My childhood love for table top gaming was rekindled about 5 years ago. At that moment, a whole new universe of games was opened up to me. I have been playing non-stop since then. If you have been involved in the board gaming hobby at all, you have probably noticed that the sheer amount of volume out there has you striving to play as many different games as possible. Maybe then, like me, you don’t return enough to the games you may have really liked as often as you should. Well, recently I got to see the Lord Of The Rings movies again, and that got me reminiscing about one of the games that sparked my gaming renaissance, The Fellowship of The Ring Deckbuilding Game, by Cryptozoic. So last night, we dusted it off and revisited our old friend, and it was as fun as I remembered. After sharing it on social media, the reaction seemed to indicate that there may be a significant group of people who missed this one the first time around. Hence, this review.
FOTR combines several of the mechanics of a standard deck-builder with the well loved setting of Tolkien’s universe. It is for 2-5 players, ages 15 and up. Each player draws 5 cards for their hand each turn and must use all of them or else discard them at the end of their turn. Each of these cards can have some or all of the following: a victory point amount, power, attack/defense abilities, and draw/discard/destroy mechanics. During their turns the players may acquire cards from “The Path” (five cards that are available like Texas Hold ‘Em) and adding these to their decks. The idea is that you obtain more powerful cards that will recycle into your deck to be used as the game goes on. When you have no cards left to draw from in your personal deck, you shuffle your discard pile and start again. Rinse and repeat.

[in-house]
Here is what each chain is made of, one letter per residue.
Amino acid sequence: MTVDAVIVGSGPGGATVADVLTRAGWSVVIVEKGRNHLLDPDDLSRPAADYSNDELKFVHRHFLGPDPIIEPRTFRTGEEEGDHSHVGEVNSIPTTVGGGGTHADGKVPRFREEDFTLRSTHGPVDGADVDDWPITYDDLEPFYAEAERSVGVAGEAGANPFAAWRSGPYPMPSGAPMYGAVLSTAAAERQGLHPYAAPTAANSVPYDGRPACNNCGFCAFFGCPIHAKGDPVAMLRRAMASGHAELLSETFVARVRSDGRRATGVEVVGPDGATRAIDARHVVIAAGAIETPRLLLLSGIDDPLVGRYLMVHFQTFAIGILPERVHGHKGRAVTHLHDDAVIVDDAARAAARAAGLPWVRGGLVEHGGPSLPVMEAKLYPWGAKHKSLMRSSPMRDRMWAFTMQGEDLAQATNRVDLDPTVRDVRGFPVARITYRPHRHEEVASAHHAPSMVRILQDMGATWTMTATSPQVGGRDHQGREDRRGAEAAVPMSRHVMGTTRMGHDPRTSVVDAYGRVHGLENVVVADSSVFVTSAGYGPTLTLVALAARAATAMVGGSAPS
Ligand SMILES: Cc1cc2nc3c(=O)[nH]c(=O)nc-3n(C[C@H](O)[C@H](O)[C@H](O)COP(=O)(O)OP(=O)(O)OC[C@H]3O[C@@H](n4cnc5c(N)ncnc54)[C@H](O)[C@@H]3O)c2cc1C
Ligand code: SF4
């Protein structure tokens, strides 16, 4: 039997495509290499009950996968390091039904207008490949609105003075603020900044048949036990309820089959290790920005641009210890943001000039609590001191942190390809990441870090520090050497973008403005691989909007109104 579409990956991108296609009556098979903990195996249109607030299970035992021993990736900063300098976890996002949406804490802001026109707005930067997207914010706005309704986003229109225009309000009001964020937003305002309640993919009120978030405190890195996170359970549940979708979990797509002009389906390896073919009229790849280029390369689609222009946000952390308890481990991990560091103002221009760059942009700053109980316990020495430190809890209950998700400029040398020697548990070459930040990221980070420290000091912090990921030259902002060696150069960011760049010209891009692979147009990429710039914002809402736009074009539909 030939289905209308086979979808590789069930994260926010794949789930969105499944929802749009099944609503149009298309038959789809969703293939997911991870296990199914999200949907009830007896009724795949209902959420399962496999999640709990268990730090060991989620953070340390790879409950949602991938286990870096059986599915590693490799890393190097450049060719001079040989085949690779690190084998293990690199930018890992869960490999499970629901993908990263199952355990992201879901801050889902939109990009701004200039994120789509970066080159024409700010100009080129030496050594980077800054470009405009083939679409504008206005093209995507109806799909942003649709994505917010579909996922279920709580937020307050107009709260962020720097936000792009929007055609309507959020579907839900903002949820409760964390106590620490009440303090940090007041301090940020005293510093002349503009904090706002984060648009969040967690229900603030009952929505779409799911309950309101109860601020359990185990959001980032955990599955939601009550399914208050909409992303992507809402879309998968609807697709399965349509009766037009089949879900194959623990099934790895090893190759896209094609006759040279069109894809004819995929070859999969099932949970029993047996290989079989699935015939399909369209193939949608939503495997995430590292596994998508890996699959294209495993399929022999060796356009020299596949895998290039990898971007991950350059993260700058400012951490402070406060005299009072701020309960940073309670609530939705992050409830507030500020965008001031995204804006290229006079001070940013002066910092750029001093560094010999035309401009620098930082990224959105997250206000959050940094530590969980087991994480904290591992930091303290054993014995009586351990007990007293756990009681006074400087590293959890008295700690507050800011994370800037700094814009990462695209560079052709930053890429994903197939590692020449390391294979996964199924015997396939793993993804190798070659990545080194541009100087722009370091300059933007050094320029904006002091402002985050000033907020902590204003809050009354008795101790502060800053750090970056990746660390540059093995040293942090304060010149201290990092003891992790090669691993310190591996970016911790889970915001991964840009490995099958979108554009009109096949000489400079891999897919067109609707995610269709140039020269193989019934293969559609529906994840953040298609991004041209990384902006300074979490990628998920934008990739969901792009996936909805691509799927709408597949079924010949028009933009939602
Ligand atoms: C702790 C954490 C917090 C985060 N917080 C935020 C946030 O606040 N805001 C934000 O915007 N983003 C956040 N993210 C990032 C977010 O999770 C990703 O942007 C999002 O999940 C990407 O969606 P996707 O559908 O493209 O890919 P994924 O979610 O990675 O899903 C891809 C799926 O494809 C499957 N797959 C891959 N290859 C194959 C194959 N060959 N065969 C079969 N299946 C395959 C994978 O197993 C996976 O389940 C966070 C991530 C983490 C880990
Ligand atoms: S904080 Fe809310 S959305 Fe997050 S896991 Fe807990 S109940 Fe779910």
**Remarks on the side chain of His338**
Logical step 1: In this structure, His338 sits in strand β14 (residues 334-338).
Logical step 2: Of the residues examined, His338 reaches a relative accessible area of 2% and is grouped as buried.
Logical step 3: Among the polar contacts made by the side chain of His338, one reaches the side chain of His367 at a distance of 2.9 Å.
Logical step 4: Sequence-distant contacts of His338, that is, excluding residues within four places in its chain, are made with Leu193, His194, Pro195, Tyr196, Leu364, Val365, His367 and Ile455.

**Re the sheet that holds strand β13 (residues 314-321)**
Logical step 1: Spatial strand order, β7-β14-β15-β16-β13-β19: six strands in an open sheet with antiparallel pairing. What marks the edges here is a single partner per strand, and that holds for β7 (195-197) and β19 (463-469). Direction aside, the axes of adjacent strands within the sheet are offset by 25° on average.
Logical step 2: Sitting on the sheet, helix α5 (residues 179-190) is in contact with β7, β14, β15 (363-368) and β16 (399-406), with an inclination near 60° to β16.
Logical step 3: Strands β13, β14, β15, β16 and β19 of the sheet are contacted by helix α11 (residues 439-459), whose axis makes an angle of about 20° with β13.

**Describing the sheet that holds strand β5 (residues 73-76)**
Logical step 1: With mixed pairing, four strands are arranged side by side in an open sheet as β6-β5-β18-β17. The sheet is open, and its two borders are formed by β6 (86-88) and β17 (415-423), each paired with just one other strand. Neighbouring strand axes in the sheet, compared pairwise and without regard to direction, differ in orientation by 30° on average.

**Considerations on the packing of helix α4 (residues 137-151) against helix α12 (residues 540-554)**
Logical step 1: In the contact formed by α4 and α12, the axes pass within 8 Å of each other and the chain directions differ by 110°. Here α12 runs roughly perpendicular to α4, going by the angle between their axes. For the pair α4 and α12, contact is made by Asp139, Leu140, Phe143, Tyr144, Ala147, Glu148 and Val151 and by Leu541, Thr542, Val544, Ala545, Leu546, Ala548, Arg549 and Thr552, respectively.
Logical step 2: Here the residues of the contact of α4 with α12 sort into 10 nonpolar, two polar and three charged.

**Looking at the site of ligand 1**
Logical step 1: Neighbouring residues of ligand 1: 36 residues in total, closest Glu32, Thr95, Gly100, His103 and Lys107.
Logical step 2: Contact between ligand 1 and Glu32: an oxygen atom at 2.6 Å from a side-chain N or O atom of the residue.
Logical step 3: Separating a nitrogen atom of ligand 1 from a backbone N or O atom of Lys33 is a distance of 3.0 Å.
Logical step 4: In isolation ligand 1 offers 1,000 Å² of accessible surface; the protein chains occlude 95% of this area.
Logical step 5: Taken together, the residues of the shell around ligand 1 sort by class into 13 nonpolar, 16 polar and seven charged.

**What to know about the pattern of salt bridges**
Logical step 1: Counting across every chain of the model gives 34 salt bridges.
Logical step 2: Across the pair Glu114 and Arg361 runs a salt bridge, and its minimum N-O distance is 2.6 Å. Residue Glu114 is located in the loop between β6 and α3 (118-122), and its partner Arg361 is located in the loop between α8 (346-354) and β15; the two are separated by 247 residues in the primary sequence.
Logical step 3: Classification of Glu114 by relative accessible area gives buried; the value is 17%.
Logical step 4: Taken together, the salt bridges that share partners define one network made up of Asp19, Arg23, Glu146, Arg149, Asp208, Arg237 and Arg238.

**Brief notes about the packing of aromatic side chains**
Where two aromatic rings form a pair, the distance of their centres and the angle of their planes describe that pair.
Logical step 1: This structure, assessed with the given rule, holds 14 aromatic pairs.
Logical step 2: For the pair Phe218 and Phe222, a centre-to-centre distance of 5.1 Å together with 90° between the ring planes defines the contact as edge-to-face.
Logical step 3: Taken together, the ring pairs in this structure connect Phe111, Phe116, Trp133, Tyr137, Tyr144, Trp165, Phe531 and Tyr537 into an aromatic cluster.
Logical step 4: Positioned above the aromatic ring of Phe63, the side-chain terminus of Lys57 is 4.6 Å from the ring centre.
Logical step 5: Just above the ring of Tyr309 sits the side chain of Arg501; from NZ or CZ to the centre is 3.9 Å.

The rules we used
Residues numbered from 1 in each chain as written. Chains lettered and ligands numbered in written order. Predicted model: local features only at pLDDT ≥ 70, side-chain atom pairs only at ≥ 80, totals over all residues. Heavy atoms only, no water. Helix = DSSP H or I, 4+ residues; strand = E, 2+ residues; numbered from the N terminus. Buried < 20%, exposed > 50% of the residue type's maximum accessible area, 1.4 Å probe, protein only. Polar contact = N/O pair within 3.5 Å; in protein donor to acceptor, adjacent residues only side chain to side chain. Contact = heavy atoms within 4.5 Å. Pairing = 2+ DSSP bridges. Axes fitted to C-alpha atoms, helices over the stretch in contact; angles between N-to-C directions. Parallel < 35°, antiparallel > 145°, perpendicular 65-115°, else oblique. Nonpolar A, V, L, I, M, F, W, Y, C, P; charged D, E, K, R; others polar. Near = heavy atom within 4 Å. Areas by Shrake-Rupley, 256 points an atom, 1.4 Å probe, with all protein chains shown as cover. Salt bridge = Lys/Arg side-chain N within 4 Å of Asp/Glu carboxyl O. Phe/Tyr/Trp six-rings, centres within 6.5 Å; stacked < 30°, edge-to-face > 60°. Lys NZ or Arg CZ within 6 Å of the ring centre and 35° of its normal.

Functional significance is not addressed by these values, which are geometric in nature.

One of the neatest aspects of the game is the ambush/attack/defense mechanic. At the end of a player’s turn, the Path is replenished from the main deck, so there are always 5 cards in the Path at the beginning of the next player’s turn. If one of those cards is an enemy type (orc, ringwraith, etc.) it may have an ambush mechanic. This will affect only the player who is about to take a turn. The ambush effect may cause the player to discard one or more cards or acquire a “Corruption” card (-1 victory point) which are bad things. You’ll get very upset when you start your turn with only 3 cards instead of a full hand.
The goal of the game is to have the most victory points at the end. The game ends when all of the archenemies are defeated or the main deck runs out of cards (which has never happened in our games). The archenemies are cards, like Saruman, Lurtz, and the Balrog, that are very powerful and wreak havoc on all players with their attack powers once they surface, and only on your opponents if you are fortunate enough to acquire one for your deck and use it going forward. Their victory point totals are the highest in the game, and they cost quite a bit of power points to acquire. Only one is available at a time and only some are used each game. These are randomly chosen at the beginning of the game and provide a bit of variety for future games.
I have played this game several times over the years with family and friends, ages 13 to 60. Everyone enjoyed it and once they got the mechanics under their belt, the competition and use of strategy ramped up. There is an amount of luck involved, as you are drawing cards each turn, but the strategy is rich enough for a seasoned gamer to enjoy it in a social setting. This game may not be as hard core as other deck builders, but the marriage of mechanics and theme is done almost perfectly, in my opinion, and is worth the time to check it out, especially if you love Lord Of The Rings.
Thanks for reading and nerd on! To acquire this and other geeky games, check out www.dicedropgames.com
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